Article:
A while back, at a talk I gave, a small scale farmer asked me why my family didn’t farm full time. I observed that one of the reasons we don’t is simply that we have young children and we feel that we have a need for benefits. He pointed out that my state, New York, has a program to provide health insurance for the children of the uninsured, and that we could rely upon that. My own observation was (beyond the fact that I prefer not to burden state safety nets if we can avoid it and the insurance provided is vastly inferior to the one we have now) that I do not expect that program to continue for very long, and thus, we would not give up my husband’s existing benefits to switch to a state program that I suspect will at some point be cut in the vast rush of states to cut social service programs to balance their budgets. While I suspect that my husband’s university may also eventually cut benefits, I’d still say the odds were a little better for hanging on to health insurance via his job.
And, of course, we can see that other states are leading the way here – most notably California, which plans to resolve its budget crisis not by legalizing pot or releasing non-violent drug offenders, by stripping benefits from children, the disabled and the elderly. But California isn’t alone – children’s health care is threatened or there are pushes to curtail it in nine other states, and I suspect it is only a matter of time before more states make the push to cut health care programs for children and the working poor.
Now with luck, the state budget cuts won’t matter all that much – if we can pull together a functional and meaningful national health care system. The problem is that that’s a bigger “if” than it may seem. Besides the endless debate about what type of national health care system to provide, there’s the very real possibility that our enormous deficits and bailouts may have made it truly impossible for us to have a system that looks like the one we have at present, and is sustainable. Even if we can implement national health care, the question becomes whether we can sustain it over the long term, as our demographic situation shifts towards an older and sicker population, and our national economic, ecological and energy system puts us closer to crisis. So far, as far as I can tell, most of the proposed programs for national health care do comparatively little to regulate costs, and assume levels of growth that we simply may not see.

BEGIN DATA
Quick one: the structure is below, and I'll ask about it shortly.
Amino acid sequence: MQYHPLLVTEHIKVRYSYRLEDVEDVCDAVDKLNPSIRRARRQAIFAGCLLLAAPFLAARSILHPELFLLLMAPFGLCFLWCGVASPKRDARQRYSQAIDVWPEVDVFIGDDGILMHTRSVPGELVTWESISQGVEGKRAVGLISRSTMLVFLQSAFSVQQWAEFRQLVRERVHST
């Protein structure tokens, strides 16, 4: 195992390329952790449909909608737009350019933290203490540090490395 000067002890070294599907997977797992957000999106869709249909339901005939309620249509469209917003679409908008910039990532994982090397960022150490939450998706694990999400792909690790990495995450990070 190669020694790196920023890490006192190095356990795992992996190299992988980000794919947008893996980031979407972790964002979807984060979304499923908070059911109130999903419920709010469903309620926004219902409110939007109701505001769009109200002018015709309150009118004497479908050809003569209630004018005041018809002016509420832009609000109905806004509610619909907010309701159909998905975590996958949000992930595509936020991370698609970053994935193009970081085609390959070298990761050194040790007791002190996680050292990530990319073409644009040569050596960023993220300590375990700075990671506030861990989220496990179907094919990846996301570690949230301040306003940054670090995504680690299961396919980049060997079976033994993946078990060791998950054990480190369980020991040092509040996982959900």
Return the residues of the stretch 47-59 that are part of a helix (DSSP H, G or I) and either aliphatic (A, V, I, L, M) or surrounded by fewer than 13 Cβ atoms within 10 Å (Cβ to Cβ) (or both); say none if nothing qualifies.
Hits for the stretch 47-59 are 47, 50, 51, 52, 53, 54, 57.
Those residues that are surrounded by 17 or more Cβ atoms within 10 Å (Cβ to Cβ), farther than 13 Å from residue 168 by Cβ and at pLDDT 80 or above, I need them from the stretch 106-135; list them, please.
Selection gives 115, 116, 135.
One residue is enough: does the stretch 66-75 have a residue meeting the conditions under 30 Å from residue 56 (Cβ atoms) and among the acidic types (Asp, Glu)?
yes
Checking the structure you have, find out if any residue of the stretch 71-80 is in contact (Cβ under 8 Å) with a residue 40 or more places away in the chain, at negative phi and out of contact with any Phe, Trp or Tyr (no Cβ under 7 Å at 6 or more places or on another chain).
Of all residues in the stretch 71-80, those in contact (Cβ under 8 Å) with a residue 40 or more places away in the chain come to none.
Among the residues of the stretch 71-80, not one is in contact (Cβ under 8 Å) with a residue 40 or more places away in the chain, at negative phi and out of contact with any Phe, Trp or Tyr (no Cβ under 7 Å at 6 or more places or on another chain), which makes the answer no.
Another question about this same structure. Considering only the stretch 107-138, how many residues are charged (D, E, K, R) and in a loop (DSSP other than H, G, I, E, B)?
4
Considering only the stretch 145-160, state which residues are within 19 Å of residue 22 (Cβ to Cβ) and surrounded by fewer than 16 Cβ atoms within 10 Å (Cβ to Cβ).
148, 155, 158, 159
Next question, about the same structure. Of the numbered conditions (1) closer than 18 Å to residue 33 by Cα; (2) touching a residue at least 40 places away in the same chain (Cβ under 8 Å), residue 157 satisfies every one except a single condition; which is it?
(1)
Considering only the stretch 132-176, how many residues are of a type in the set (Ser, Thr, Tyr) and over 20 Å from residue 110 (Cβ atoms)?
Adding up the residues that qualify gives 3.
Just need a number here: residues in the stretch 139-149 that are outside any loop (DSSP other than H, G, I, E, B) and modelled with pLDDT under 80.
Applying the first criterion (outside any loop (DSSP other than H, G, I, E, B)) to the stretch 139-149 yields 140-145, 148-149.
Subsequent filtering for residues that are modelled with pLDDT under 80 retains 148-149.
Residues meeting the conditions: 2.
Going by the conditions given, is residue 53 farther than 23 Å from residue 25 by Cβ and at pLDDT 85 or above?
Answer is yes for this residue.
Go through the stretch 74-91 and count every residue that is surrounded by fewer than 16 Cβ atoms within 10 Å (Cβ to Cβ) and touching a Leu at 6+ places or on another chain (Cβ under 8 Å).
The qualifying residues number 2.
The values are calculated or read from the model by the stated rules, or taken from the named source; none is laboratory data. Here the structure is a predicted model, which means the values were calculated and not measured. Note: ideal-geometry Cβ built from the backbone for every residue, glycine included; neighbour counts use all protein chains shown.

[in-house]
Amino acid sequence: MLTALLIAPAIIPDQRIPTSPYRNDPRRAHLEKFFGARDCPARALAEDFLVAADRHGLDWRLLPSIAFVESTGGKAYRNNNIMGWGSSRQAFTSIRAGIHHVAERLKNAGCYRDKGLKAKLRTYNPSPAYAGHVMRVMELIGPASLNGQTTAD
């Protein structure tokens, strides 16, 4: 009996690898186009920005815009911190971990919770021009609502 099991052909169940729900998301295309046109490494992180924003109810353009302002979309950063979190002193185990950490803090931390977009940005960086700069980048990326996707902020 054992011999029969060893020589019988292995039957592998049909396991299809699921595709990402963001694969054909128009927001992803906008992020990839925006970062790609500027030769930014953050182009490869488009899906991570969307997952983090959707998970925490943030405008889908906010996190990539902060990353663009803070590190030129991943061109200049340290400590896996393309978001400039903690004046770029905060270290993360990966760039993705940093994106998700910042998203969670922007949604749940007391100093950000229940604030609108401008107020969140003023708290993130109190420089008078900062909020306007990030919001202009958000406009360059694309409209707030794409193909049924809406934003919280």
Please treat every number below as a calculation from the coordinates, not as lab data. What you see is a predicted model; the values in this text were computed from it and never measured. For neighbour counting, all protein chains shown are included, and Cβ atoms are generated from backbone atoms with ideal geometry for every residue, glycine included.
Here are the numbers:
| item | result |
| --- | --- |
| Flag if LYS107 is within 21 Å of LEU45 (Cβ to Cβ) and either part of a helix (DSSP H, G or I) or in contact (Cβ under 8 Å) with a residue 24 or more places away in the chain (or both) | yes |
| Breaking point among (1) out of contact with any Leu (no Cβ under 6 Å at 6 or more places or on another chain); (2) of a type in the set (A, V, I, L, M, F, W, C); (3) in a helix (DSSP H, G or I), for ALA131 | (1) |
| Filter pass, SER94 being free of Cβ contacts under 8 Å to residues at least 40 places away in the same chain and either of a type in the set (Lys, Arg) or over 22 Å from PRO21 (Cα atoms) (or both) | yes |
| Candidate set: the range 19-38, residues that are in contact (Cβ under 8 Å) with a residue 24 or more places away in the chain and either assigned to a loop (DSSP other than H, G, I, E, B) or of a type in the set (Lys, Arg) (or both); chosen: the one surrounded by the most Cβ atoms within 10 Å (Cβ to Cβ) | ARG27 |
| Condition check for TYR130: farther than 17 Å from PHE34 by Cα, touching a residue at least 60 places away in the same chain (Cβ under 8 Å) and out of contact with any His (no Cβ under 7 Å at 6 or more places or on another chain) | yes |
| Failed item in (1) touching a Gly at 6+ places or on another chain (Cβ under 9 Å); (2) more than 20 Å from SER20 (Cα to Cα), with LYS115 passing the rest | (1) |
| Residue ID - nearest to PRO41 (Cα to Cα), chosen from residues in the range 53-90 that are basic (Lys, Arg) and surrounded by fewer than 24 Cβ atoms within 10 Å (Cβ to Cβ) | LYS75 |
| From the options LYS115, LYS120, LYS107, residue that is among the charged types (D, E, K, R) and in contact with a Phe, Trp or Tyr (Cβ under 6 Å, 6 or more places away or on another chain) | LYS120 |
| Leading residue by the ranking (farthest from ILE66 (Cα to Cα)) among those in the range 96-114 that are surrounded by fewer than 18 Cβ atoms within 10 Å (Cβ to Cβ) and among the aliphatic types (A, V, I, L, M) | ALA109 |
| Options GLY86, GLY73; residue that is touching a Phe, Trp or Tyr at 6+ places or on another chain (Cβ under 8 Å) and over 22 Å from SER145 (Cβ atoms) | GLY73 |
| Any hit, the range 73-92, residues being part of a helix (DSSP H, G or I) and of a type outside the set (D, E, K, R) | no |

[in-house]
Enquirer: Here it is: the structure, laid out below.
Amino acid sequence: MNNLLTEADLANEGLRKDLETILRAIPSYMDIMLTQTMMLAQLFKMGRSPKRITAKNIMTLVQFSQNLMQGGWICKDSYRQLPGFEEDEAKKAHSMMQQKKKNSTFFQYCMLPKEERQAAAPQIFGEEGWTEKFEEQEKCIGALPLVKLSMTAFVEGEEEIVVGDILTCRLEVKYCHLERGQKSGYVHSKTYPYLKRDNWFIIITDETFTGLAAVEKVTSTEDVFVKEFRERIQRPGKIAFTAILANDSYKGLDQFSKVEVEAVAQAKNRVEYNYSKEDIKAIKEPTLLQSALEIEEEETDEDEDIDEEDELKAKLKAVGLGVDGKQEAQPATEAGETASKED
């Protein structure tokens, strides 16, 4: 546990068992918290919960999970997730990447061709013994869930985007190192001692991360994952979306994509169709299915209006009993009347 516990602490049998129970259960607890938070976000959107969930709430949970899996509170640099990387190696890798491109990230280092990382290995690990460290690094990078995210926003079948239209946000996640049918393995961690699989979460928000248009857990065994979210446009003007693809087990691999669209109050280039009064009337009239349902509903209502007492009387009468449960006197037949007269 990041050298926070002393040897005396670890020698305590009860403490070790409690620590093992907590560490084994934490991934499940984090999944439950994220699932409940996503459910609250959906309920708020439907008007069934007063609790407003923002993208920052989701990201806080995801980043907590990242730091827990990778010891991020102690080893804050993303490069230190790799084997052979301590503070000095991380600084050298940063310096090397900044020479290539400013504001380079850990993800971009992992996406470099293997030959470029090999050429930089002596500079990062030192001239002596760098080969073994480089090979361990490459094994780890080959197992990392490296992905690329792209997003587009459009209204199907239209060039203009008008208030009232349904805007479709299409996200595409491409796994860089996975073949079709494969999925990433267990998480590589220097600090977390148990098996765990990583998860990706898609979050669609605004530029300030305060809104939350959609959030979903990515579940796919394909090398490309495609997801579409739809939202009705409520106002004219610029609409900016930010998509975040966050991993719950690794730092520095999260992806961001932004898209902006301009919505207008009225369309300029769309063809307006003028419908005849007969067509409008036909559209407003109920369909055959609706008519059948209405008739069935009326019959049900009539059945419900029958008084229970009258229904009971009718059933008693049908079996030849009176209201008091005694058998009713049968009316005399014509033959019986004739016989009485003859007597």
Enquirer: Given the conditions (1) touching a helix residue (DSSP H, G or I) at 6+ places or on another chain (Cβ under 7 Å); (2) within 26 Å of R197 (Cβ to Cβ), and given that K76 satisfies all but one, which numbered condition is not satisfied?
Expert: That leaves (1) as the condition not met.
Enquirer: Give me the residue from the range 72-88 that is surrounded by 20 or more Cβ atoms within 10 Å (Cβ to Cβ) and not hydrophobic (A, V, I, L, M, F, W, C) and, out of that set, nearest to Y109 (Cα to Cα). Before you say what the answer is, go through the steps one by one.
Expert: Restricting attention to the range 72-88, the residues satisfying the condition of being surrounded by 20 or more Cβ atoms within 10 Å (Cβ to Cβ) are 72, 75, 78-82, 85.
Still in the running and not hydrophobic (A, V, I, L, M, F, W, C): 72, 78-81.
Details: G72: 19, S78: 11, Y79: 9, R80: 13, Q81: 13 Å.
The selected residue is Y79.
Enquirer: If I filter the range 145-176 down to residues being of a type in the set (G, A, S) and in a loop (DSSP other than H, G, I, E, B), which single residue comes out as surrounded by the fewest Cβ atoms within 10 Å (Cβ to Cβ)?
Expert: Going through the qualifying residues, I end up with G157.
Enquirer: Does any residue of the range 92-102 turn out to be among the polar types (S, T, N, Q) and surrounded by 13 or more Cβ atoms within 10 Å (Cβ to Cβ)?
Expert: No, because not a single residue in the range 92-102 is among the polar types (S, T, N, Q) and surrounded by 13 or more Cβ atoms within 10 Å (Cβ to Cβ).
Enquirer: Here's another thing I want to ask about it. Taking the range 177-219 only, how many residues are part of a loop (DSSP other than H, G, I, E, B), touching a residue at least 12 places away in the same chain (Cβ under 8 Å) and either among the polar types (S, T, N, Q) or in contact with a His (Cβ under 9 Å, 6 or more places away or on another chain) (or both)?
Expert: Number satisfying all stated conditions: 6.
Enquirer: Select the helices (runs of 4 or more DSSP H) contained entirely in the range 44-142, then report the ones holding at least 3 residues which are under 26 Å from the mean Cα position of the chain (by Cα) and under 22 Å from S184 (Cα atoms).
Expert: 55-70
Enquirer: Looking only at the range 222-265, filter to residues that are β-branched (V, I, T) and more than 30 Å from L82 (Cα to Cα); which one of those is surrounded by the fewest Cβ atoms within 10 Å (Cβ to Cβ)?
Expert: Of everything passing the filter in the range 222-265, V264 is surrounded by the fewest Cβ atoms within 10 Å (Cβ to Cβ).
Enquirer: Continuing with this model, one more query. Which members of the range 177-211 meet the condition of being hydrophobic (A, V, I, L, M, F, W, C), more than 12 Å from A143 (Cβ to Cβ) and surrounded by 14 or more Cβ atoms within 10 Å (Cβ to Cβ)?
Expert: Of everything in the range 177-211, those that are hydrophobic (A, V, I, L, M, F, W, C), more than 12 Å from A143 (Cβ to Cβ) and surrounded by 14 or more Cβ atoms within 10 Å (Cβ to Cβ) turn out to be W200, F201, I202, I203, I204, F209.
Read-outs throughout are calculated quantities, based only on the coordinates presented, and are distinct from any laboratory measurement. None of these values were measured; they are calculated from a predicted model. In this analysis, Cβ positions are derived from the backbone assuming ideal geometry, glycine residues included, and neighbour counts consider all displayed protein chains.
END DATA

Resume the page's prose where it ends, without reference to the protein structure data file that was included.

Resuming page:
In _Depletion and Abundance_ I included a chapter on health care – on the ways that could keep national lifespans up and spend much, much less than we do now – half as much or even less than that. It involves a great deal of system triage and difficulty, but it is possible – and IMHO, in the end, as long as we imagine that the goal of national health insurance is not keeping infant mortality low and lifespans high, but the serving of people accustomed to a large range of drugs and interventions with as may drugs and interventions as possible, we are facing trouble.
And yet, we need national health care desperately – we already have a tiered class system in the US where those who are poor and lack health insurance get sicker, die younger and suffer more. We already have a lifespan pathetic in the developed world – we are 44th, and lifespans are declining in many poor counties in the US.